HOOVER, Ala. - If Kentucky coach John Calipari is the master of the one-and-done in college basketball, meet LSU's Les Miles.
Miles has a firm grasp on college football's three-and-out.
LSU has lost a staggering 17 underclassmen to NFL aspirations the past two seasons, which is the most any program ever has endured in such a short stint. Not every Tigers player to depart was drafted, and the total does include former cornerback Tyrann Mathieu, who was dismissed from the program before the 2012 season.
Not that losing 16 underclassmen sounds any less brutal, but Miles and his Tigers continue to assemble 10-win seasons in Baton Rouge.
"We do lead college football in three-and-outs," Miles said Wednesday afternoon during day three of the Southeastern Conference media days. "We would like to have those guys back. I keep approaching the NFL on an opportunity for us to draft back some of our players that they take. We would love to have Patrick Peterson back, but there is a responsibility that the coaching staff has to see a void that will potentially occur, and we have to recruit to that void.
"We have to make sure that our style of recruiting is the style that we get an athlete that has a want to be something special and then steps in there as a true freshman. Although not optimal, it's something we've done."
Among the early departures following last season were tailback Jeremy Hill and the receiving tandem of Odell Beckham and Jarvis Landry. The Tigers may have countered those losses in February, signing top national tailback Leonard Fournette and the promising receiver punch of Malachi Dupre and Trey Quinn.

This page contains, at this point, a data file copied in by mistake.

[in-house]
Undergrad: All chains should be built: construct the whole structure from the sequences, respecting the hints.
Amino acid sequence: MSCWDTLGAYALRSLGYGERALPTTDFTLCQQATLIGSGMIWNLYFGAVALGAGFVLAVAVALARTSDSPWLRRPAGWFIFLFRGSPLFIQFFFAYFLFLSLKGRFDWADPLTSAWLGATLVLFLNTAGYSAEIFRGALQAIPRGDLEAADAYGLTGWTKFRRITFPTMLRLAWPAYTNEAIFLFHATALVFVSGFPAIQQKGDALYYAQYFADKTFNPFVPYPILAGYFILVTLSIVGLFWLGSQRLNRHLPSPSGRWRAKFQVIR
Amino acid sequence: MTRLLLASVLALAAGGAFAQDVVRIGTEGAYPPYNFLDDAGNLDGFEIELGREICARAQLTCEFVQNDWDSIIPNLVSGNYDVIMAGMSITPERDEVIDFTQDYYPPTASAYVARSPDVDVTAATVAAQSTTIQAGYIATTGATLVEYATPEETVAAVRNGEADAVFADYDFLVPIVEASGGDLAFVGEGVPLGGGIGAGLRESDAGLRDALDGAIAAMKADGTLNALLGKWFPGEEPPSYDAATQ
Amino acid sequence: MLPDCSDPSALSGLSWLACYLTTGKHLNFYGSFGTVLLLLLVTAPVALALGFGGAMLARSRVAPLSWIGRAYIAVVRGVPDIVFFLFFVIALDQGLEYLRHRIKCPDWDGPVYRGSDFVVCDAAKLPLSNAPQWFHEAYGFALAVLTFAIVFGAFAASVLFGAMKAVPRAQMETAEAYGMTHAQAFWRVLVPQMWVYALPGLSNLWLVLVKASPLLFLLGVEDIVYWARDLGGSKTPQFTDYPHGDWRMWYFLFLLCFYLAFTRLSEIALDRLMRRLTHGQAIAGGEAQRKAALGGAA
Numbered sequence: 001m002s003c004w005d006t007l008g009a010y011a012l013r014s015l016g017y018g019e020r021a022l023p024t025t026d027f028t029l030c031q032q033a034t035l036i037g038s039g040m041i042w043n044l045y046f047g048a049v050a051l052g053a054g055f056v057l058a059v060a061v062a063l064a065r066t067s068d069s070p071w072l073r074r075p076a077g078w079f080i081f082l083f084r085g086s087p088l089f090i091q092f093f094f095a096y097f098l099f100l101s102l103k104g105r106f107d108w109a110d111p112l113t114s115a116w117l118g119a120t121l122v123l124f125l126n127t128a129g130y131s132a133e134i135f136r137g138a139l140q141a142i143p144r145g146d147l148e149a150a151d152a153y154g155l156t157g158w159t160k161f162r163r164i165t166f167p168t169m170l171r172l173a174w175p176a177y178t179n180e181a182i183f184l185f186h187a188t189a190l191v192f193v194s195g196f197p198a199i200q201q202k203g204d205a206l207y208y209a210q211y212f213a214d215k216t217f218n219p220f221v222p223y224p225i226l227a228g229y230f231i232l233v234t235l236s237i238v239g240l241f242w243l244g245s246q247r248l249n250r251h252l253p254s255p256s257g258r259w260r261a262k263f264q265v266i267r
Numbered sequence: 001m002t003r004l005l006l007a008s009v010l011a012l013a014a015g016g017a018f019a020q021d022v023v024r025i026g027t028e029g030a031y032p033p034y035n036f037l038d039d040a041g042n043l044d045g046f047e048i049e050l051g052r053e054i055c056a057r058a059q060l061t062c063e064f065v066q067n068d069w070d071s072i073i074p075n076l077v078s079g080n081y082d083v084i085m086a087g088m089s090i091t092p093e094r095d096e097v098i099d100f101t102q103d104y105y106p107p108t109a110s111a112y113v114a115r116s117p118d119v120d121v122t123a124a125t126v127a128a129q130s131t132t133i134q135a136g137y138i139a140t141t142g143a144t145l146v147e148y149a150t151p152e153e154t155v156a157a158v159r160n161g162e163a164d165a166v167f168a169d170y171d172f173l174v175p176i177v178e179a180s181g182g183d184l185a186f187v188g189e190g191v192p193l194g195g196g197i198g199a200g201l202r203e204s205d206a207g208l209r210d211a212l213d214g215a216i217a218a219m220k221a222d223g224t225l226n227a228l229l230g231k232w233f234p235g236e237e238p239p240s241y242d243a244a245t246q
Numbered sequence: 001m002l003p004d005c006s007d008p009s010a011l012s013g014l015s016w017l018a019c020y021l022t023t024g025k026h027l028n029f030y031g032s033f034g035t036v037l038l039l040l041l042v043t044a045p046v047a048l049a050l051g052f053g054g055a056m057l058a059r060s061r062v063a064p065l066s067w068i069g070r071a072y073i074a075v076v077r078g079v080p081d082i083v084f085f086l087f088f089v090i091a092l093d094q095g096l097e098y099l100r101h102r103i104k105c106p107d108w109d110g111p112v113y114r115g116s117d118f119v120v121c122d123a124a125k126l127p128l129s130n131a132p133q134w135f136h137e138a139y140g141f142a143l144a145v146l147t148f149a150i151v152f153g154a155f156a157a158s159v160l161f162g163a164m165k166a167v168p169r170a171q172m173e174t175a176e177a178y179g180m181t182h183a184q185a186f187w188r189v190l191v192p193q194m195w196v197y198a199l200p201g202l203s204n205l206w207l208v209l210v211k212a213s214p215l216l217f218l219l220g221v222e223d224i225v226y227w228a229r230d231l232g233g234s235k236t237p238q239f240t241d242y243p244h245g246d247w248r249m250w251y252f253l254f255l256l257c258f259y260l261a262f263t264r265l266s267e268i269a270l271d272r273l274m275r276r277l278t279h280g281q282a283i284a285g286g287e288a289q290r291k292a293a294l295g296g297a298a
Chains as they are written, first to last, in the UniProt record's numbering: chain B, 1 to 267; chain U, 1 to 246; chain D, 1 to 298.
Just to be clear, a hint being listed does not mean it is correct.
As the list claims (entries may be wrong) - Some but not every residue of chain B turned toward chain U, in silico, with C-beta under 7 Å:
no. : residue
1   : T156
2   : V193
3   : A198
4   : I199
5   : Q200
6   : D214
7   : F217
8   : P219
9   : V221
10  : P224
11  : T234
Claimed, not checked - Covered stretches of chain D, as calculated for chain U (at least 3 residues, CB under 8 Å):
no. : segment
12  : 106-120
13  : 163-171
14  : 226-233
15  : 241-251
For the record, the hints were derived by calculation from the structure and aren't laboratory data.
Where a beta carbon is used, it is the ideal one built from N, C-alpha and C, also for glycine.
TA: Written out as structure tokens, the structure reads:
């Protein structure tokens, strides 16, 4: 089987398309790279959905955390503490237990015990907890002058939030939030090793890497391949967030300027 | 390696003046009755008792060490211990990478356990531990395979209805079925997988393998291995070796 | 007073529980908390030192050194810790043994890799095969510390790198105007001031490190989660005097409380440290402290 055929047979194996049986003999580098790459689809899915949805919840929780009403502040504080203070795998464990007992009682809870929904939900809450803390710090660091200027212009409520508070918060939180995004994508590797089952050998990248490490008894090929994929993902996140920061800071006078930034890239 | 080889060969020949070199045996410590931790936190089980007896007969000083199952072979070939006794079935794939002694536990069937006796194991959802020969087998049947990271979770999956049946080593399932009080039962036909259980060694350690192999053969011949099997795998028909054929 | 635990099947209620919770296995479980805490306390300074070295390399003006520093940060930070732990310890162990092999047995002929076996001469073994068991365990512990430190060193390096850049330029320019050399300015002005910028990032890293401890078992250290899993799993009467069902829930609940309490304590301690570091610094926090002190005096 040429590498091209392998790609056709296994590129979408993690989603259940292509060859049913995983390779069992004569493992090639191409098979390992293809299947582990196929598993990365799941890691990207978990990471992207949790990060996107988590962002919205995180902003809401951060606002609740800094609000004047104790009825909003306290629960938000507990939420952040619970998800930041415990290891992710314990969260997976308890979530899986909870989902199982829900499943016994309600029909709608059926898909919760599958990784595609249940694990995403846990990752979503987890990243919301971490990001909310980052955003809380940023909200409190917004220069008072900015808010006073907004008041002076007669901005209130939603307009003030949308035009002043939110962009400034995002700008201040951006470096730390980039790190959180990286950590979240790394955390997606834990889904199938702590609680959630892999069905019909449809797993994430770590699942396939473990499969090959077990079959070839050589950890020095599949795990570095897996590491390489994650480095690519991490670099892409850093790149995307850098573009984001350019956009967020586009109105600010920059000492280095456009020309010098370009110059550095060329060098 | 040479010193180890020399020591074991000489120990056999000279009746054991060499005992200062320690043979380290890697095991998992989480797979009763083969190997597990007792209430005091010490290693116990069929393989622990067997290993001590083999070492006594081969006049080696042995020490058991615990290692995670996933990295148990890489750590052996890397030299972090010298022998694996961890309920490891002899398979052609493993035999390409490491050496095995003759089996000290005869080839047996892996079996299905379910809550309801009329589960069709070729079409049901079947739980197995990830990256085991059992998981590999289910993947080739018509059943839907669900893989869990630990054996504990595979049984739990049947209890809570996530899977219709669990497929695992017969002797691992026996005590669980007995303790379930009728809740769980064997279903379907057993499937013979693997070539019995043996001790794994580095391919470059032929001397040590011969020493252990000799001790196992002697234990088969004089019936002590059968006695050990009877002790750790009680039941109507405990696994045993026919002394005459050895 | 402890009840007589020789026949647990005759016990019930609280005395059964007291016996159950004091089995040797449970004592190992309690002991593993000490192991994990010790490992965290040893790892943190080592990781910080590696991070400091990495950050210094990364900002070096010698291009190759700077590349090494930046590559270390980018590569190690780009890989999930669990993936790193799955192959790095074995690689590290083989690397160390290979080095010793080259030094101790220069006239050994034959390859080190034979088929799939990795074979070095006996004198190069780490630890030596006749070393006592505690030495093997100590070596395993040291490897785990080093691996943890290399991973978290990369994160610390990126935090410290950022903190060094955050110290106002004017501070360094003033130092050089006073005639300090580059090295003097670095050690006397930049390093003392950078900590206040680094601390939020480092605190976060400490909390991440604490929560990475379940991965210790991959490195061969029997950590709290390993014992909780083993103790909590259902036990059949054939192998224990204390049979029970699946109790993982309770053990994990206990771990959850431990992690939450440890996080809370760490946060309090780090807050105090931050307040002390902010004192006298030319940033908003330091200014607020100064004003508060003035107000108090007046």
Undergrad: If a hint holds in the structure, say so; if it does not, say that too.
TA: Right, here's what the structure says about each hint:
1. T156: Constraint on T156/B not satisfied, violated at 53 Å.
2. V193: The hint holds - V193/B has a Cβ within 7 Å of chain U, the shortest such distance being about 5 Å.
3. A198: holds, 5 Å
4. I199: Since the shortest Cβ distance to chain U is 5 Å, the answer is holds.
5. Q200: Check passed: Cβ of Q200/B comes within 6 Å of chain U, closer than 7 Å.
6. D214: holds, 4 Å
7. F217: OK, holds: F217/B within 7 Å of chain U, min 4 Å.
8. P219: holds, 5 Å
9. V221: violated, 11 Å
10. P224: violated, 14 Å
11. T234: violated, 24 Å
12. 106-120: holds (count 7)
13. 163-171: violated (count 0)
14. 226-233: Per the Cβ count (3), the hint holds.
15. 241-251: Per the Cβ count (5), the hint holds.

Six starters return offensively, including the tackle tandem of La'el Collins and Jerald Hawkins, and seven return on defense, including the end tandem of Jermauria Rasco and Danielle Hunter.
"The people who leave early make the best decision for them, and as far as us, we can't complain," linebacker D.J. Welter said. "We would love to have them back, but we have to take what we have and go out and compete. We have a lot of guys who have waited their turn and are playing earlier than they thought, so they've got to be ready to play."
Said Collins: "I think it's always going to be hard for our program to keep guys all four years because so many are ready after three."
Miles went 34-6 in his first three seasons with the Tigers, winning the national championship in 2007. LSU then had a slight two-year dip before regrouping to go 44-9 the past four seasons.
A quarterback battle between sophomore Anthony Jennings and freshman Brandon Harris is expected to be the dominant storyline in preseason camp, but Miles has comfort in the experience offensive coordinator Cam Cameron has in developing players at that position.
"Certainly we have, in my opinion, the style of team that can win championships," Miles said. "If we continue to do the things we've done in the past, then we'll earn our way. I like us, and I like us in every game."
LSU will play seven of its games, including a Nov. 8 showdown against Alabama, in a Tiger Stadium that now seats 102,000.
"If you thought we were loud before," Miles said, "we just got louder."
Contact David Paschall at email@example.com or 423-757-6524.